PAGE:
Dealing with Disruptive (aka Opportunity-Creating) Technology


This passage from Matthew Rees’s Wall Street Journal review of Move Fast and Break Things by Jonathan Taplin is worth highlighting:

It may be hard to get stirred up about the interests of celebrity millionaires like Ms. Swift and Sir Paul, but the broader concern is legitimate: how to reward those who create content—music, film, even mere words—in an era when technology can distribute it at virtually no cost. In “Move Fast and Break Things,” Jonathan Taplin argues that today’s technology behemoths are decimating content industries and eroding the broader culture. …

[Taplin] devotes more space to a more mundane concern: money. Consider music revenues. Last year, in the U.S., they were $7.7 billion, down from $19.8 billion in 2000. In 2015, music creators earned more from the sale of vinyl records than they did from music streams on YouTube and other platforms. “How can it be,” Mr. Taplin asks, “that the arrival of digital networks composed of billions of music fans has not been a boon to musicians?”

In essence, this is the complaint of gatekeepers.  Note the assumptions embedded in the phrasing of the question: “how to reward those who create content?”  Are they rewarded, or do they earn their money?  And either way, who gets to decide what is worth rewarding?  Taplin complains that “the economics of ‘more’ [may be] drowning us in a sea of mediocrity.”  Well, it’s up to the non-mediocre to prove it, and it’s also up to those who want to support their preferred content to find ways to do so.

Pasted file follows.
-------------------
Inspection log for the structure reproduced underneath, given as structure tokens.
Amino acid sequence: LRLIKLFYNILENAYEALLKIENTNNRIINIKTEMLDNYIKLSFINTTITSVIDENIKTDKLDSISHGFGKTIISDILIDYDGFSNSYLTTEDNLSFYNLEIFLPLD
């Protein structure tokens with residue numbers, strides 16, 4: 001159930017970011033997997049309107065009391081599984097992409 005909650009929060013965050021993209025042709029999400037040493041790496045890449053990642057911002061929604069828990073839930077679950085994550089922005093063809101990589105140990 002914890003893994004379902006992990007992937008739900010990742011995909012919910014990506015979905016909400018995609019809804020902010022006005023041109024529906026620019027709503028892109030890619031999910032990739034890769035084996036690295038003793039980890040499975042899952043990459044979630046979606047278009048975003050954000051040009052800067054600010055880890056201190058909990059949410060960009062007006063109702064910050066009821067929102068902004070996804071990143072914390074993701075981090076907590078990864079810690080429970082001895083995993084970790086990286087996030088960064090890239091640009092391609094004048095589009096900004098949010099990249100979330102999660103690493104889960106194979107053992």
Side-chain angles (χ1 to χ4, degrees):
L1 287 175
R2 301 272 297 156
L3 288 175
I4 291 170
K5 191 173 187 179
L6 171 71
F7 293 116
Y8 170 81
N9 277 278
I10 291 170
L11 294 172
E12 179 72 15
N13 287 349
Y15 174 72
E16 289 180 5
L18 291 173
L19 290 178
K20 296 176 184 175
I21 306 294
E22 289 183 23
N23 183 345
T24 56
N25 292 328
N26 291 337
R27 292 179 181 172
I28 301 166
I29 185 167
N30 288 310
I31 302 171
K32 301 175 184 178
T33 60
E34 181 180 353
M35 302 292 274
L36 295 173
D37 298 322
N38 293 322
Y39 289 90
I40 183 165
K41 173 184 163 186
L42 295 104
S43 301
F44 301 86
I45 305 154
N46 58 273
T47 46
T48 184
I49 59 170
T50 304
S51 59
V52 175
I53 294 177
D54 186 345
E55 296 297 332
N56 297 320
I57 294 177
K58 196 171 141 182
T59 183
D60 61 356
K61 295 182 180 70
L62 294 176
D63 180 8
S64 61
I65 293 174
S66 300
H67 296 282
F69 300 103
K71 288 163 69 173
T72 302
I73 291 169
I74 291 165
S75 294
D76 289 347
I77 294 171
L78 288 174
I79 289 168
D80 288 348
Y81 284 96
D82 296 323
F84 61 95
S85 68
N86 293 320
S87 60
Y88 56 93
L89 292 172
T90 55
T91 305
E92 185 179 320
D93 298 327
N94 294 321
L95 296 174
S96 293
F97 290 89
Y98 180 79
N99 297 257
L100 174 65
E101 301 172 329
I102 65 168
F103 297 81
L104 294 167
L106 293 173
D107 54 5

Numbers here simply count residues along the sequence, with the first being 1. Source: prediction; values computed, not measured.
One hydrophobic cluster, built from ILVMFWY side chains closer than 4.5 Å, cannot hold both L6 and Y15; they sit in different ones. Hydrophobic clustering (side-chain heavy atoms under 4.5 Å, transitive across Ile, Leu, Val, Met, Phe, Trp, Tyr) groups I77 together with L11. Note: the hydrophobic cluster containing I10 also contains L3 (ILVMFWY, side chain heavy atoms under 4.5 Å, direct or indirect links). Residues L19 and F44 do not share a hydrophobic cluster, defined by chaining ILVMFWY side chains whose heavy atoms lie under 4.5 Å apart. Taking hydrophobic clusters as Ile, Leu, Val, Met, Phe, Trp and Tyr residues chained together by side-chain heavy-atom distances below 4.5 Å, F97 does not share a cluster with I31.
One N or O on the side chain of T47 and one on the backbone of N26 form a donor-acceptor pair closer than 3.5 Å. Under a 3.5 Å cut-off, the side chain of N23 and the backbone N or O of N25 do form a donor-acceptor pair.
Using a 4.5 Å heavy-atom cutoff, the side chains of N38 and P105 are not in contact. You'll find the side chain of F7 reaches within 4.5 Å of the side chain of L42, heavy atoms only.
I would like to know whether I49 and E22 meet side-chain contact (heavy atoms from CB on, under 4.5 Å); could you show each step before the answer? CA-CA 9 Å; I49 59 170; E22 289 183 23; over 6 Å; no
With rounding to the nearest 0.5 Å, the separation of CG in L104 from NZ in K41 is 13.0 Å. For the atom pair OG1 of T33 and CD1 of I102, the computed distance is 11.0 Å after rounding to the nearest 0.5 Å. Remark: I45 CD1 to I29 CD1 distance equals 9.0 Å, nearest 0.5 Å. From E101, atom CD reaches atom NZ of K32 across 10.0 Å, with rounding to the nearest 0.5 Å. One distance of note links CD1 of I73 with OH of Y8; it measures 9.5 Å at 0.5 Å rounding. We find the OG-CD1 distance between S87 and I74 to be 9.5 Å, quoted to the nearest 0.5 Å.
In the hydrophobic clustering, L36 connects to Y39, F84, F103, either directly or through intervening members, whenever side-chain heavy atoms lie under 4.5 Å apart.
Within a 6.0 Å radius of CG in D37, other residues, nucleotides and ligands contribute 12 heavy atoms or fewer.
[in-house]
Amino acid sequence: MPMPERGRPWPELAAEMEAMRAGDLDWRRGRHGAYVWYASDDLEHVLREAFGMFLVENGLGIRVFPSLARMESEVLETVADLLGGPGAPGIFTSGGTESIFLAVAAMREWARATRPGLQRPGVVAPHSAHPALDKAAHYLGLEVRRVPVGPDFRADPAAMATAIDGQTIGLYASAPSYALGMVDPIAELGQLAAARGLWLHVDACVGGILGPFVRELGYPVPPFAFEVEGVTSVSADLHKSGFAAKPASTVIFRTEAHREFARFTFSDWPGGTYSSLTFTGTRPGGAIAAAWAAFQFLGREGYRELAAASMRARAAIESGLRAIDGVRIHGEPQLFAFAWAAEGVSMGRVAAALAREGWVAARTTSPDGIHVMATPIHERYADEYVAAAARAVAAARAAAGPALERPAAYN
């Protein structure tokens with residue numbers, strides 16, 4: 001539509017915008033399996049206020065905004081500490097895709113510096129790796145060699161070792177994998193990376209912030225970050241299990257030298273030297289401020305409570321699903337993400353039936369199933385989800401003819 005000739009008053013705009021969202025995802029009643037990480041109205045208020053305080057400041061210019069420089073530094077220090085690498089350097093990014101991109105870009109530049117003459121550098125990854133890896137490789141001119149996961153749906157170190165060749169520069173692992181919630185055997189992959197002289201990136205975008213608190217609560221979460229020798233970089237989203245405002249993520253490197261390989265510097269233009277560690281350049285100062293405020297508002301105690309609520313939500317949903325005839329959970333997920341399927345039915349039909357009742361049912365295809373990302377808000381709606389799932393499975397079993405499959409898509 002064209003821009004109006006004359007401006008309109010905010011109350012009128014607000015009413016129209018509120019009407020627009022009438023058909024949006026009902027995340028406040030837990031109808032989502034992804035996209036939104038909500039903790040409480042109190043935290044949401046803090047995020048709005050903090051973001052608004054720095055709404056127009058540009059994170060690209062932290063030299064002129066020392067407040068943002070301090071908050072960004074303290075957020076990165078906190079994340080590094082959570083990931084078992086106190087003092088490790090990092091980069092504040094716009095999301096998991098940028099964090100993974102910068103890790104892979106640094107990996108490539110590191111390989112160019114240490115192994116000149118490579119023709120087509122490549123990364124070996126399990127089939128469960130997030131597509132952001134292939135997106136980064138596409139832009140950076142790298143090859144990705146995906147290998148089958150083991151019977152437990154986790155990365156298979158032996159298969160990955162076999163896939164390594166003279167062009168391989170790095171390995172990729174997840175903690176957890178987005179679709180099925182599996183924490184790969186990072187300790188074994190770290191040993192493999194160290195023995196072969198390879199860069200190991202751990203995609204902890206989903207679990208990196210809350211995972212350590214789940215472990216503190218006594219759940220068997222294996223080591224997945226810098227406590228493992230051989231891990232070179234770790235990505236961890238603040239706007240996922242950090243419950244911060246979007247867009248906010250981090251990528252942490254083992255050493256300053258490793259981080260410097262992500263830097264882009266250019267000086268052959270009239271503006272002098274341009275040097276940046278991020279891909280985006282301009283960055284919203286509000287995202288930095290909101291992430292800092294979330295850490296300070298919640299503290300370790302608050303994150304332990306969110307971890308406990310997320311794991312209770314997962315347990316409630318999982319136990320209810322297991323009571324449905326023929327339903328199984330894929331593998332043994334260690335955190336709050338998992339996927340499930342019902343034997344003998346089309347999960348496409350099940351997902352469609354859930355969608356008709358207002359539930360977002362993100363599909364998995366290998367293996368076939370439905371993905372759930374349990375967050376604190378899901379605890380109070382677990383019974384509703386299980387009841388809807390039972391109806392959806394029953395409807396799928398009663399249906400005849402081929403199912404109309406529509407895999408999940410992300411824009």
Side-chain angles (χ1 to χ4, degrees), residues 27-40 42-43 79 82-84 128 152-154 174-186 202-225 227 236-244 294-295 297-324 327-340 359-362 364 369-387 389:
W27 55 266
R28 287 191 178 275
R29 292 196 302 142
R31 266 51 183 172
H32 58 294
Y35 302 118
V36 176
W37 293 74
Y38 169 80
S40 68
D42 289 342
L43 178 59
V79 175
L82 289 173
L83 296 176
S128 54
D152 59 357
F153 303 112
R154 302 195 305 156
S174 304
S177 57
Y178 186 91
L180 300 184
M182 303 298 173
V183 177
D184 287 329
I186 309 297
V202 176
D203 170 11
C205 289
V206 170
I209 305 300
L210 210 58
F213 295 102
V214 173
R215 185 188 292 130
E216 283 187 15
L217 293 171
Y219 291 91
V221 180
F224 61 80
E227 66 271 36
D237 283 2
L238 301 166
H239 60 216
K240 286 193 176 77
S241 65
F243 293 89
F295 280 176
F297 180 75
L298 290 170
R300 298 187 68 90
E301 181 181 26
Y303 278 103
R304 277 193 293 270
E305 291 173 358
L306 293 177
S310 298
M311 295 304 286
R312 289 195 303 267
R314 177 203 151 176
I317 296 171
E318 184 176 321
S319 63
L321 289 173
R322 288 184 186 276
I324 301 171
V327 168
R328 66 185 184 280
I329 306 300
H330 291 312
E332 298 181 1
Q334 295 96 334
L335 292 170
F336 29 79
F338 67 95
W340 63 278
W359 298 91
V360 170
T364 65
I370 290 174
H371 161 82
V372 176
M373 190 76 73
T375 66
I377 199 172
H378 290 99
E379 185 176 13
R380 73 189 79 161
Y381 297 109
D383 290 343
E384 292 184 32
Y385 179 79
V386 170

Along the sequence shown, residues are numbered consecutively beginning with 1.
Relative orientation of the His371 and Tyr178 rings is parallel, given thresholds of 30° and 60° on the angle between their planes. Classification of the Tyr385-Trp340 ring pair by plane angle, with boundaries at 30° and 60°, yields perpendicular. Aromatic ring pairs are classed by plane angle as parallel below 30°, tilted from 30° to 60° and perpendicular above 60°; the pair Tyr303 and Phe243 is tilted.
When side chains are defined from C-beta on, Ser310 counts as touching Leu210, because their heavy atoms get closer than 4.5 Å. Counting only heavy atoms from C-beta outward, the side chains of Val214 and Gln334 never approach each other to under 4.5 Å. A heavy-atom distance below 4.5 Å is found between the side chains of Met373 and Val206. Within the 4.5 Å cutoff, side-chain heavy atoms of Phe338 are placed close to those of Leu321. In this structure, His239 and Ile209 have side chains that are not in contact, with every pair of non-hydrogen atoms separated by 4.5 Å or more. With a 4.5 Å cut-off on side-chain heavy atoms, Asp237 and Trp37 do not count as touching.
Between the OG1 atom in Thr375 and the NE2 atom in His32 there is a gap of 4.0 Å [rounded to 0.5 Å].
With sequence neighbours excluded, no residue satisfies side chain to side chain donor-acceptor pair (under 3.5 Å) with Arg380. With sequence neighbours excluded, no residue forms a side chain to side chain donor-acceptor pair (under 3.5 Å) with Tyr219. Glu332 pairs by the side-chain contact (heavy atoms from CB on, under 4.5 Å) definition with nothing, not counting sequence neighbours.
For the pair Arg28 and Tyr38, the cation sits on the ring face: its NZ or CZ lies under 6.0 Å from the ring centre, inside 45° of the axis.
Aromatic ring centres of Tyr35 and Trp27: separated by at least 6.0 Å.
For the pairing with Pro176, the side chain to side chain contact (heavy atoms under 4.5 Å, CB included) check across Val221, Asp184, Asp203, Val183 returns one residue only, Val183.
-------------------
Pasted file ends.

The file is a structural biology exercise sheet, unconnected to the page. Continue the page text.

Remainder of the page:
This is all on the content creators and those who make a career of helping them to find an angle, as well as their fans.  They have to prove that they’re worth the consolidation of society’s entertainment resources.

One can see in Taplin’s perspective the same mentality that leads to high taxes and big government: this insinuation that particular interests should find ways to use government to spread the costs of doing things they want done, but for which they don’t want the responsibility of paying.

  • Mario

    That reminds me of a good article I just read on a similar topic. The article speaks for itself, but there’s a small point about differing approaches to copyright that I found interesting.

    Copyright terms have been radically extended in this country largely to
    keep pace with Europe, where the standard has long been that copyrights
    last for the life of the author plus 50 years. But the European idea,
    “It’s based on natural law as opposed to positive law,” Lateef Mtima, a
    copyright scholar at Howard University Law School, said. “Their whole
    thought process is coming out of France and Hugo and those guys that
    like, you know, ‘My work is my enfant,’” he said, “and the state
    has absolutely no right to do anything with it—kind of a Lockean point
    of view.” As the world has flattened, copyright laws have converged,
    lest one country be at a disadvantage by freeing its intellectual
    products for exploitation by the others. And so the American idea of
    using copyright primarily as a vehicle, per the constitution, “to
    promote the Progress of Science and useful Arts,” not to protect
    authors, has eroded to the point where today we’ve locked up nearly
    every book published after 1923.